The regular horse saddles I use in the TV shows and videos have been carefully selected and fitted to my own mules. Equines are similar in their structure, but just like people, there are individual differences that need to be addressed if the “clothes” are going to fit properly. How well the equine is conditioned in his body will have an effect on how the saddle fits. An animal with irregular conditioning will not maintain the same body shape.
The girths I use are cotton string girths, both English and Western types. Then, you need to make sure that the saddle is placed in the middle of the equine’s back which will allow the girth to fall 3-4 inches behind the forearm. The skin directly behind the forearm is more sensitive than that which is further back. You should use a crupper adjusted snugly to hold the saddle in place. You can have a d-ring installed in the back of your saddle tree to attach the crupper to a Western saddle and there is a metal “T” that comes with cruppers that will fit into the underside of an English saddle. If the saddle is placed properly and the crupper adjusted properly, the saddle and girth should not cause the problem. There are some mules that have enough wither to keep the saddle from slipping over the neck, but the saddle can still slip forward just enough to cause problems at the shoulders and in the sensitive girth area if a crupper is not used.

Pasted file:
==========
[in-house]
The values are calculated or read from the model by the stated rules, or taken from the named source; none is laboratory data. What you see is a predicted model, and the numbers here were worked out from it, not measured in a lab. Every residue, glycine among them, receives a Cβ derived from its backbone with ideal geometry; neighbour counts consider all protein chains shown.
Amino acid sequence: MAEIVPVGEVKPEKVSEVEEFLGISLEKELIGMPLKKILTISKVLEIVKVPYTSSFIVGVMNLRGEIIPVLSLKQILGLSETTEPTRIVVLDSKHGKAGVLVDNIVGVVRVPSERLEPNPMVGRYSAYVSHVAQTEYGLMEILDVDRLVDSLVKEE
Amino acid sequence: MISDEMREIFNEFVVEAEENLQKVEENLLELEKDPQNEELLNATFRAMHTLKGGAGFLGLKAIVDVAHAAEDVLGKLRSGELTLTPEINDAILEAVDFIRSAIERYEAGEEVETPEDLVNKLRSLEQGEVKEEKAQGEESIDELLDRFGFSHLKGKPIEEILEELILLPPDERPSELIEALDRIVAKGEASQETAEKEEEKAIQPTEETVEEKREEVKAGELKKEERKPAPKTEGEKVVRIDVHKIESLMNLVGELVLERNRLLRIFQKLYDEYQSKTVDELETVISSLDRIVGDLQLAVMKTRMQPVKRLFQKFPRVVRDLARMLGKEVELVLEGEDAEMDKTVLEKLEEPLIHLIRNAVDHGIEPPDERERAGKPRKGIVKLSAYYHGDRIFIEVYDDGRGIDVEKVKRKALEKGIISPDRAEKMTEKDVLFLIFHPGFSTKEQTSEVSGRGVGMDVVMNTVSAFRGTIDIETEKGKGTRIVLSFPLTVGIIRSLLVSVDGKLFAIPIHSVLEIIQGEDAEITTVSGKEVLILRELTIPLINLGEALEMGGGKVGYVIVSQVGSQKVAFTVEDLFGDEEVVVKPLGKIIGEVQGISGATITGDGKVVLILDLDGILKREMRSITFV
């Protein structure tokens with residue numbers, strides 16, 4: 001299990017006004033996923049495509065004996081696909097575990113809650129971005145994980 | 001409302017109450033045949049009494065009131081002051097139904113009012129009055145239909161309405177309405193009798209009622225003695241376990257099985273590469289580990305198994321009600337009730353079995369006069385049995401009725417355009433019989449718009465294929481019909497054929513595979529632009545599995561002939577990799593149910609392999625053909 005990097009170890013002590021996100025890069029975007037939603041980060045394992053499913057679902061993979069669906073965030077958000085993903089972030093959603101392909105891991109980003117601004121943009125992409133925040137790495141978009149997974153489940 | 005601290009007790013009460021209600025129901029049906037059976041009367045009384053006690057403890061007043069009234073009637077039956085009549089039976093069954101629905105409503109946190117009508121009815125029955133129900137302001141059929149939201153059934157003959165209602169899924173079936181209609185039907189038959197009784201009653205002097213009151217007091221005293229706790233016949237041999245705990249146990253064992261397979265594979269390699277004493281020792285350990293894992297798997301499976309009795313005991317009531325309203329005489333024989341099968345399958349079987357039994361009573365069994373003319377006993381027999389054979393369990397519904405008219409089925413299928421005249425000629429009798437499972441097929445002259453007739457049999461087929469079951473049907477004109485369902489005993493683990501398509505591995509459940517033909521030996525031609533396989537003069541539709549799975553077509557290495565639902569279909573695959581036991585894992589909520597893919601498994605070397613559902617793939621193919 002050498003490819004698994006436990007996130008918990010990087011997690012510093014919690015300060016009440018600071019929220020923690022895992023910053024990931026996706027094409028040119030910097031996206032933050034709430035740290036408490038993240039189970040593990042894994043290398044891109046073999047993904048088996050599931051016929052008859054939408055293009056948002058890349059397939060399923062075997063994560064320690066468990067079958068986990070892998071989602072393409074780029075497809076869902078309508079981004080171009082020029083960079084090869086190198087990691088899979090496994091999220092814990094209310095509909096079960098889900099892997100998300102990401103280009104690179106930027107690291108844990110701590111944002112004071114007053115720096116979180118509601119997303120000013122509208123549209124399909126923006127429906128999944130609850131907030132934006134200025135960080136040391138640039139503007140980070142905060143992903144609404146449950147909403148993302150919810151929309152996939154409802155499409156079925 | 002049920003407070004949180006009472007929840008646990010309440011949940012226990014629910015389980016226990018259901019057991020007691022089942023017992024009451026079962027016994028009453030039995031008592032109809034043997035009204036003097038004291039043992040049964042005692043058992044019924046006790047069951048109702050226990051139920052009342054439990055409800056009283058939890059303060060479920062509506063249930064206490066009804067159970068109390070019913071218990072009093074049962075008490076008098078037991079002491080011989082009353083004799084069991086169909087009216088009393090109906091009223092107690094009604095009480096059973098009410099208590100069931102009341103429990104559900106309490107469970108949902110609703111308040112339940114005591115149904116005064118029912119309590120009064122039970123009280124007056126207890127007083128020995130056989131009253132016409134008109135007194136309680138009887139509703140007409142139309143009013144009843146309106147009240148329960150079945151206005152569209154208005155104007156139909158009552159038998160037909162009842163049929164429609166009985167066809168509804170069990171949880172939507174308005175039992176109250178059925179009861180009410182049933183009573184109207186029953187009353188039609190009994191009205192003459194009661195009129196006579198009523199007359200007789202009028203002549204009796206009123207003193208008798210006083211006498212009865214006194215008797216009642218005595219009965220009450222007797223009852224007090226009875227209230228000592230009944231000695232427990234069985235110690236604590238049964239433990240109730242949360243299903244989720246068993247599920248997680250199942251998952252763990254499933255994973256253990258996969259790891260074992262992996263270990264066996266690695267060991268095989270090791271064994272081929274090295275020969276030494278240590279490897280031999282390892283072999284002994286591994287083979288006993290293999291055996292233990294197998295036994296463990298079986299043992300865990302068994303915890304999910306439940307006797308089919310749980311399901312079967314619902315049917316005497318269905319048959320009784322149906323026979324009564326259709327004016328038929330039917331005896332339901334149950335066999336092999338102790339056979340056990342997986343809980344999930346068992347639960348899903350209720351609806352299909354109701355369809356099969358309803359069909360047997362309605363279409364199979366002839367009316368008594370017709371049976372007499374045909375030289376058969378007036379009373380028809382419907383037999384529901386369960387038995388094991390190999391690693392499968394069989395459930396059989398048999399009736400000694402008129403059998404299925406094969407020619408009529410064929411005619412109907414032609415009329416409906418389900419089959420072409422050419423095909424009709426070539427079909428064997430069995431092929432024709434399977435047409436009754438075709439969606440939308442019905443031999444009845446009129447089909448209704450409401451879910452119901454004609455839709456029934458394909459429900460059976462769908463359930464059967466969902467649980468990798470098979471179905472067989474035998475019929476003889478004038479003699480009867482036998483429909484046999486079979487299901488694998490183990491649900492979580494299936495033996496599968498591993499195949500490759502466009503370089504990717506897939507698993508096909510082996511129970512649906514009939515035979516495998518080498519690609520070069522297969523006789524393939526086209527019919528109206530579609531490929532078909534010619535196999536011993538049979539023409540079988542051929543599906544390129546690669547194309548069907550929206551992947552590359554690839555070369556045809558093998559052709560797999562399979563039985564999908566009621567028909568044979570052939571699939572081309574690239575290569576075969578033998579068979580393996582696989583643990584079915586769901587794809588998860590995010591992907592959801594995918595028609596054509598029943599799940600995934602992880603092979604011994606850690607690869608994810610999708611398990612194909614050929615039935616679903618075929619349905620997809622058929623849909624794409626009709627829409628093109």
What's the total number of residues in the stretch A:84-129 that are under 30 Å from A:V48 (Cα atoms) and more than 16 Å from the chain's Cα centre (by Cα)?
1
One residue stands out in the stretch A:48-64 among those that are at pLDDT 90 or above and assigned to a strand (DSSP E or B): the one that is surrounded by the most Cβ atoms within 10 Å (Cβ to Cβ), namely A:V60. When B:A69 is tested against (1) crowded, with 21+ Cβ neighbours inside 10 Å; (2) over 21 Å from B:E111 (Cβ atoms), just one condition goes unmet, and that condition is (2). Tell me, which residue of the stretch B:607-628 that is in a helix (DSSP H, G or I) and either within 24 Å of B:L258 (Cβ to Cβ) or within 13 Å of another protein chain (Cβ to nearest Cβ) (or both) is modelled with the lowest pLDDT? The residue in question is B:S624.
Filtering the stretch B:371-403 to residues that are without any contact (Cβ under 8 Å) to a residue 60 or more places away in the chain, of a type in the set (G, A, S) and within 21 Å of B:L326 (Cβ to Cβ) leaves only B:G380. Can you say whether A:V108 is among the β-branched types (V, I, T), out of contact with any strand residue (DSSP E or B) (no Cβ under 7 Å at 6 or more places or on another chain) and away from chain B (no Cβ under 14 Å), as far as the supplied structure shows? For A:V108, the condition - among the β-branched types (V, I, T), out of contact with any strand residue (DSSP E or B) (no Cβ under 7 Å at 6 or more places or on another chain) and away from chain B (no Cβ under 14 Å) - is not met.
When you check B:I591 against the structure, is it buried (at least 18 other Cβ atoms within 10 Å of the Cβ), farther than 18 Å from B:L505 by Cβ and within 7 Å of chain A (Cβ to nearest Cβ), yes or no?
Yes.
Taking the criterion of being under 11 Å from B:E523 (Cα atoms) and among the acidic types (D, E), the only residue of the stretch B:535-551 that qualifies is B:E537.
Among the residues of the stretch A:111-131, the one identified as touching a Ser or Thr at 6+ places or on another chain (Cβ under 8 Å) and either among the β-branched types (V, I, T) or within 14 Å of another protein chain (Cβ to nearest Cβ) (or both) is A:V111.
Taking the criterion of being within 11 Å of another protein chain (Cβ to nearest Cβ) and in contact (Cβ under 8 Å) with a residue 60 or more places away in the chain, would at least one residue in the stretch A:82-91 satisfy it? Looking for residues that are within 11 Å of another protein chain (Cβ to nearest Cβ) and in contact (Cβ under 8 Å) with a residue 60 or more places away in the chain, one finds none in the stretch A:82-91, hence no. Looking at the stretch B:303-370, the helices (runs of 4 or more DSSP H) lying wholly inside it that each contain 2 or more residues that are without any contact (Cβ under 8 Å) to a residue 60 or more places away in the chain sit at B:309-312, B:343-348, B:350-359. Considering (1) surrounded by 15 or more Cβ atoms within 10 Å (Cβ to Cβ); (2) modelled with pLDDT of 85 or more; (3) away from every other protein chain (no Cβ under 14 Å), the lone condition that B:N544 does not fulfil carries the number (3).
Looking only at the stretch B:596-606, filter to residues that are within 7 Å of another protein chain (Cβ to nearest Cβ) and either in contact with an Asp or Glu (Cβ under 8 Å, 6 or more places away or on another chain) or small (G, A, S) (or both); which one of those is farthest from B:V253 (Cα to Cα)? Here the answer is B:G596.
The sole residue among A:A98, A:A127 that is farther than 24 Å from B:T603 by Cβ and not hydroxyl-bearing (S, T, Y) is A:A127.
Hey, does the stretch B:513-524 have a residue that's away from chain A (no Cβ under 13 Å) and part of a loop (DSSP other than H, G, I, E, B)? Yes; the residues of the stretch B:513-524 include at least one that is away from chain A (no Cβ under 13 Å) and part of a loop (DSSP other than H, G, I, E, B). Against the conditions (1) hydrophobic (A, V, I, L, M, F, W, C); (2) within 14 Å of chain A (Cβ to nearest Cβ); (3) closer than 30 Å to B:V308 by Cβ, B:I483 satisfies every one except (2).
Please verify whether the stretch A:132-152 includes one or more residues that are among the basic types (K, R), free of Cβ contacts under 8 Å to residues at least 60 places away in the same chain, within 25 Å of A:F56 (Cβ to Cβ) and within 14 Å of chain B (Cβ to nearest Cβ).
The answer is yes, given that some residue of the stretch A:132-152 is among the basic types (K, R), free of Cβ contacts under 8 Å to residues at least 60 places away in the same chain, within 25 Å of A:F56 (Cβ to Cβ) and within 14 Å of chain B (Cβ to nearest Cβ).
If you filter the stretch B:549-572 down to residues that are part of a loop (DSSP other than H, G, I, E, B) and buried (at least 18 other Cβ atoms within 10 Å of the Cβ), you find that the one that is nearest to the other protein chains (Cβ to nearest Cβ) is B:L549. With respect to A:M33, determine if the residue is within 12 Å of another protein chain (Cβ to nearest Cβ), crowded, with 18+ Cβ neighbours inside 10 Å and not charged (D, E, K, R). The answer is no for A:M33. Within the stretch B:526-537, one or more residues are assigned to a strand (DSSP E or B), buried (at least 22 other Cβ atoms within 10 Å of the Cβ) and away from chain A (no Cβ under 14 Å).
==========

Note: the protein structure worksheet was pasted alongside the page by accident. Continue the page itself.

On the horse, there is an indentation in the musculature below the withers where a rider’s leg would fall if riding bareback. On a mule, this muscle is thicker and bulges. I had my saddle maker shave the convex bulge on the trees of my Western saddles to flatten this part to fit the mules and it worked very well given my mules’ shapes. Mules are often very short backed as well and the skirts of the Western saddle can interfere with the movement of the hips. In the case of a short backed mule, an Arabian saddle tends to fit better because of the rounded and shortened skirts. This is also true with smaller mules.
This isn’t a problem with a longer backed mule or donkey. Still, you need to place the saddle in the middle of his back such that the girth lies 4″-5″ behind the forearm clearing the sensitive skin area directly behind the forearm. The crupper should be adjusted snugly to keep it in place. It is common to see saddles placed too far forward on mules and donkeys causing restriction of shoulder movement which can result in bucking.
There are mules and donkeys whose backs and withers are not as horse-like and in this case, a custom-fitted mule saddle would be a better choice. So, I would suggest that you need to make an assessment as to what would fit your own particular mule, or donkey, the best. They do need to have “clothes” that fit if they are to perform to the best of their ability with no interference from ill-fitting tack. One needs to also realize that as they gain muscle tone, their overall shape will change and in most cases, the saddle will then fit better. You can consult with a reputable saddle maker to determine what your particular animal would need. You cannot, however, make a saddle fit properly with the use of pads.